This is our big project, which involves video technologies. We have done a bunch of video-tech pilots to see heat maps of the store and so on. In a month or 45 days, we will roll it out in a few of our stores, a process, whereby we can know how many customers sat on a product to experience it, and how many engaged with it for how much time, and so on. When we link all of this together, we actually get a complete data view of an Urban Ladder store.

It is amazing that the moment we put on that hat, we have richer data that can be available about a store. I cannot generate 'furniture usage data' online. That comes only when a customer experiences the furniture physically. So when it is done right, the store has the ability of giving us richer data, over and above the data that the online world gives us because of our website and app.

Q. How does this reflect in Urban Ladder's technology talent as a percentage of its overall headcount? In the future, will you have more specialists in AI, and data scientists?
One thing is very clear: it is not workable for any company today to not be technology- or data-oriented. I don't do coding. But a few months ago, I did a short course in machine learning just to start thinking about how to solve different problems.

As we keep moving forward, the single-largest area of investment we will make for years and years to come is technology. The interesting part is that the cost of doing tech the right way has come down dramatically over the last many years. But the question before a CEO is: Are you smart enough to use the changing dynamics of the technology world?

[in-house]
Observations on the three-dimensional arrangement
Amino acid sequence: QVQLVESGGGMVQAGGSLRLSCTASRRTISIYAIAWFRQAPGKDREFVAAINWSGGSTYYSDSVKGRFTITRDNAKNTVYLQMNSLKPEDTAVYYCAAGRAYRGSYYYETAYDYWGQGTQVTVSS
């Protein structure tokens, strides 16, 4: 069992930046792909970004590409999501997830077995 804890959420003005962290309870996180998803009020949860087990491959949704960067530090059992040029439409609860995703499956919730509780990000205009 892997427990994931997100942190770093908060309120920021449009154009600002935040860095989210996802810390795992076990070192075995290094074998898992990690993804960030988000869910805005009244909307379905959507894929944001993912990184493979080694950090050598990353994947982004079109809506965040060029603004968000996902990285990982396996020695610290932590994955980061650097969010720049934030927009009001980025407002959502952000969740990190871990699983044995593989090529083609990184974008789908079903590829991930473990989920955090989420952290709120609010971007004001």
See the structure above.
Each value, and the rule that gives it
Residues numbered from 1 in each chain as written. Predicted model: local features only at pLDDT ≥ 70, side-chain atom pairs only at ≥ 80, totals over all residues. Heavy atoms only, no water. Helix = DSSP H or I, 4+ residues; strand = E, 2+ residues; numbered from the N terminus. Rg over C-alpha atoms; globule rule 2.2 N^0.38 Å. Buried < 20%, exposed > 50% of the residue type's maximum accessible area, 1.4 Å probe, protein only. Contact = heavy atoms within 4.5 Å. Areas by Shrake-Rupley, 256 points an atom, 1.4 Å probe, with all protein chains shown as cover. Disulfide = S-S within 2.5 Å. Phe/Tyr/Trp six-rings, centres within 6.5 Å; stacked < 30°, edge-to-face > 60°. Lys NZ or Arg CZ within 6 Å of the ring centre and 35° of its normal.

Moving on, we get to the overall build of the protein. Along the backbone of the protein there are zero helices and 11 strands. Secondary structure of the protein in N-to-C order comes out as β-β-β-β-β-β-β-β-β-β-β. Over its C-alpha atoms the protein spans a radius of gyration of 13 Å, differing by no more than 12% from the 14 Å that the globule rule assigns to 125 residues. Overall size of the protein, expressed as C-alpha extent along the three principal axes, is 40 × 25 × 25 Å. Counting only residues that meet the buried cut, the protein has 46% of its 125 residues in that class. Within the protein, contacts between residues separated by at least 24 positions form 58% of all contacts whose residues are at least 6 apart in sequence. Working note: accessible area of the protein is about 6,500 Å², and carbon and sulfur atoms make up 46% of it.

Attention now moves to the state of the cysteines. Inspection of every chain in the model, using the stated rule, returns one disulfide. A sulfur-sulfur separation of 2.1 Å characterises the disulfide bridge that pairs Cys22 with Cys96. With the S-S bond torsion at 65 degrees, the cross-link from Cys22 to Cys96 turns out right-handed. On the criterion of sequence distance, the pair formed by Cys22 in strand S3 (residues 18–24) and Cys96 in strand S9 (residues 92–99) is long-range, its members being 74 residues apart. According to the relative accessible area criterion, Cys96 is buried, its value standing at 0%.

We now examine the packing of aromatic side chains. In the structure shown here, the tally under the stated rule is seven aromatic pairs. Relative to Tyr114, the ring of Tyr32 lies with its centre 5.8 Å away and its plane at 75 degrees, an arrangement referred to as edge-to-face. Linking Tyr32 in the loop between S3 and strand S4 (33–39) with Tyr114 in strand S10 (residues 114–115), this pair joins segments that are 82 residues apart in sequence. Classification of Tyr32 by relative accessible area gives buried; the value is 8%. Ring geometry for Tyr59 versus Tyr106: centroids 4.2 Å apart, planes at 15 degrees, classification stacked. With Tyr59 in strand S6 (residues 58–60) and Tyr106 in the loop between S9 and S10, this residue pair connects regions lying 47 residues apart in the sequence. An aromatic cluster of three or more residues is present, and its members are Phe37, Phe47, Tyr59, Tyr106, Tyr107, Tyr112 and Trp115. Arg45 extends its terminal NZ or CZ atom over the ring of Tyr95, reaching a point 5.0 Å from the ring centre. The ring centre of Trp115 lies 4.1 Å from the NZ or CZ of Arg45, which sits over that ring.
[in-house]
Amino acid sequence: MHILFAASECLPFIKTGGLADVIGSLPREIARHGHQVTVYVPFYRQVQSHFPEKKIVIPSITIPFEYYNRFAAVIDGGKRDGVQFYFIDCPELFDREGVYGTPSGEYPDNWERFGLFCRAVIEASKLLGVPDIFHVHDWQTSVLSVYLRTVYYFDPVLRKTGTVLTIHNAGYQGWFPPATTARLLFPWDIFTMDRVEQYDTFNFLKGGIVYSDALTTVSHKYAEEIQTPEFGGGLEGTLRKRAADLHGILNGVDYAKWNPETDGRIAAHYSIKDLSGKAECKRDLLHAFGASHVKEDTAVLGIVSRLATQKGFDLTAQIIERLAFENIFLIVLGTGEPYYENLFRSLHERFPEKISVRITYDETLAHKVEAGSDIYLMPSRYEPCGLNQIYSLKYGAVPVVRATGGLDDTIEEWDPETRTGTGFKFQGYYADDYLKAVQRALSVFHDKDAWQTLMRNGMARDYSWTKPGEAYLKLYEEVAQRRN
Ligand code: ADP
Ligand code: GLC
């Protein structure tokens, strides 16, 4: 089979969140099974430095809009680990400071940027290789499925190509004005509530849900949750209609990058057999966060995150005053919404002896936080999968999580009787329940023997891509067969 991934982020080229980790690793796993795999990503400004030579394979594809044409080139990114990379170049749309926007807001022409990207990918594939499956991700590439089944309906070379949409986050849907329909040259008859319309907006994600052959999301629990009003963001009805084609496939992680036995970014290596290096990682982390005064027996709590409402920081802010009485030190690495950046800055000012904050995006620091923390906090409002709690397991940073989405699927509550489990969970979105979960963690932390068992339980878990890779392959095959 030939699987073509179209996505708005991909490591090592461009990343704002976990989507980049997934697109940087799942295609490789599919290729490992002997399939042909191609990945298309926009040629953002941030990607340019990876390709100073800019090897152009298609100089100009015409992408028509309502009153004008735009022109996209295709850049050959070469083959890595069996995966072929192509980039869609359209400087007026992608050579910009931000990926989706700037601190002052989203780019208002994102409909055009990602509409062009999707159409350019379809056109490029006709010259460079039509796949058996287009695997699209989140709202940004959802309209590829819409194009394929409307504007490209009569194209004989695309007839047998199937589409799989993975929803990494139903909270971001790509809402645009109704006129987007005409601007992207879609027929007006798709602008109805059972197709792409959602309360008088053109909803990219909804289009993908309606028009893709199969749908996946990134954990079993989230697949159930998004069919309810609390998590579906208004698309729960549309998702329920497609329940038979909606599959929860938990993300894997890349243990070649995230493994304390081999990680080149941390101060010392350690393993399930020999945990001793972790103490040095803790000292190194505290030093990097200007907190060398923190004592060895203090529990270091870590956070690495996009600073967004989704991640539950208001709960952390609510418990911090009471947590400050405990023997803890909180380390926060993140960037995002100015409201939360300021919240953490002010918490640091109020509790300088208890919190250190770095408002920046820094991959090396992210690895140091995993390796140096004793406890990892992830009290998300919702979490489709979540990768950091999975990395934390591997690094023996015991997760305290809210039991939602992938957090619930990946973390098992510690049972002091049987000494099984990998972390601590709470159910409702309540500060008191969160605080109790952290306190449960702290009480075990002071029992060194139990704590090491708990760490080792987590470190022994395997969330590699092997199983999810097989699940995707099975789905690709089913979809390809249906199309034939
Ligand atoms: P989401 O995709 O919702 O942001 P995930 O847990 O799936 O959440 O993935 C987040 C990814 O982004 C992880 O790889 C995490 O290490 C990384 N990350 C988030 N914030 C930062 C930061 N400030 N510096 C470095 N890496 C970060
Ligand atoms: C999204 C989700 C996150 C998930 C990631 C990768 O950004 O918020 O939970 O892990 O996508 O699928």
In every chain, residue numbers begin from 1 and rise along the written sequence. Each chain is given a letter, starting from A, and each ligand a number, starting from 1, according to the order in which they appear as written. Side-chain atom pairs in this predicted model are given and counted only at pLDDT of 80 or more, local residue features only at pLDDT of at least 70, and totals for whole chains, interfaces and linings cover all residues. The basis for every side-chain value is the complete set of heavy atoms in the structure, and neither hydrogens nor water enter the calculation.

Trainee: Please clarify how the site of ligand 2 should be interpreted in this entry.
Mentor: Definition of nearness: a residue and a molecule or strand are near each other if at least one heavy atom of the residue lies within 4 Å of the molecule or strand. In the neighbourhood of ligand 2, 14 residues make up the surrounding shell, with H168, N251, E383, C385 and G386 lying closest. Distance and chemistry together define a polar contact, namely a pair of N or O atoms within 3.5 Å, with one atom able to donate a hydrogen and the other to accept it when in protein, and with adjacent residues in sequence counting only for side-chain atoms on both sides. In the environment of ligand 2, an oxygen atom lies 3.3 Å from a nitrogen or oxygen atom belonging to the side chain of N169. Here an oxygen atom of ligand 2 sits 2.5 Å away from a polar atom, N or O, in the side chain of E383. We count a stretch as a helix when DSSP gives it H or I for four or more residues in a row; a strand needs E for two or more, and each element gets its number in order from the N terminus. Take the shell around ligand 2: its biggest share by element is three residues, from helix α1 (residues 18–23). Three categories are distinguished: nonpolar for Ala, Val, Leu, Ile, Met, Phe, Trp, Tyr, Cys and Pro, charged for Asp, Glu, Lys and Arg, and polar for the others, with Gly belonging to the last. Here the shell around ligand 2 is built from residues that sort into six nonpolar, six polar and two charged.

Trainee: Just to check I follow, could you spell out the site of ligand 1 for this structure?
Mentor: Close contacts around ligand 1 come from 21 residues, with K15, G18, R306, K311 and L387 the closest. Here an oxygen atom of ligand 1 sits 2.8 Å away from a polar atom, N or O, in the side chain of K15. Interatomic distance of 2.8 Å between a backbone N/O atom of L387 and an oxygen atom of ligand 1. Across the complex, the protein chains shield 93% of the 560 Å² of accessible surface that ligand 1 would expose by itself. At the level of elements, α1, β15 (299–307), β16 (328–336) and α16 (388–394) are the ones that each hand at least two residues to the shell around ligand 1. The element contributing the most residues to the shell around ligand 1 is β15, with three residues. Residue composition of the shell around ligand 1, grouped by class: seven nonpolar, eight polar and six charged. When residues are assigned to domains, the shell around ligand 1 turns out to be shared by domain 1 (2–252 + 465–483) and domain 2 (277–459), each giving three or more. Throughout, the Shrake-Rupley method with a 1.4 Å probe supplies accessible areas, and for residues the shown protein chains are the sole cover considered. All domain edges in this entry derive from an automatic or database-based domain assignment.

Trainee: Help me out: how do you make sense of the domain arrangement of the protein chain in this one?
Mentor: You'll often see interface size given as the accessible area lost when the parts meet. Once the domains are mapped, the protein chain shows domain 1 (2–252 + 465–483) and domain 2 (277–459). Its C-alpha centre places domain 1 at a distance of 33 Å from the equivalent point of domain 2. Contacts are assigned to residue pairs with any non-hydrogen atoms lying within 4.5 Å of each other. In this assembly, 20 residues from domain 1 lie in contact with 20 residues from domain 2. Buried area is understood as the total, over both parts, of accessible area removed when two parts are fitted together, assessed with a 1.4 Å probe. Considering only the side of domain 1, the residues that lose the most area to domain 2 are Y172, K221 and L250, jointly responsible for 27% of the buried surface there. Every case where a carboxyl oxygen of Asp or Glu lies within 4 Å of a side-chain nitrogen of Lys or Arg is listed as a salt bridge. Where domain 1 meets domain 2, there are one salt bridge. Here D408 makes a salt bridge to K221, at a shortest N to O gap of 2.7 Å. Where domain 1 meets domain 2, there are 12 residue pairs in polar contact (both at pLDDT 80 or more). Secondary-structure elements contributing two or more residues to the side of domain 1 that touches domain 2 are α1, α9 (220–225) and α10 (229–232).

There are a lot of products to pick and drop. Cloud has become a lot more important. When we started the business seven years back, the systems were far heavier. Today, you have enterprise-level systems that are far lighter than consumer-level systems a decade ago. That shift allows a lot more agility. And it also poses another unique challenge: if a company is operating with systems that were developed seven or eight years ago, which is actually not a long time, we have to accept that those systems need a complete overhaul because the world has changed. That also necessitates another look at the technology skillsets we want for our employees. So, yes, we will definitely have more specialists in A.I, and machine learning.

Q. So how is Urban Ladder harnessing its technology systems for a strategy to replenish furniture at its showrooms? Has this begun to play out?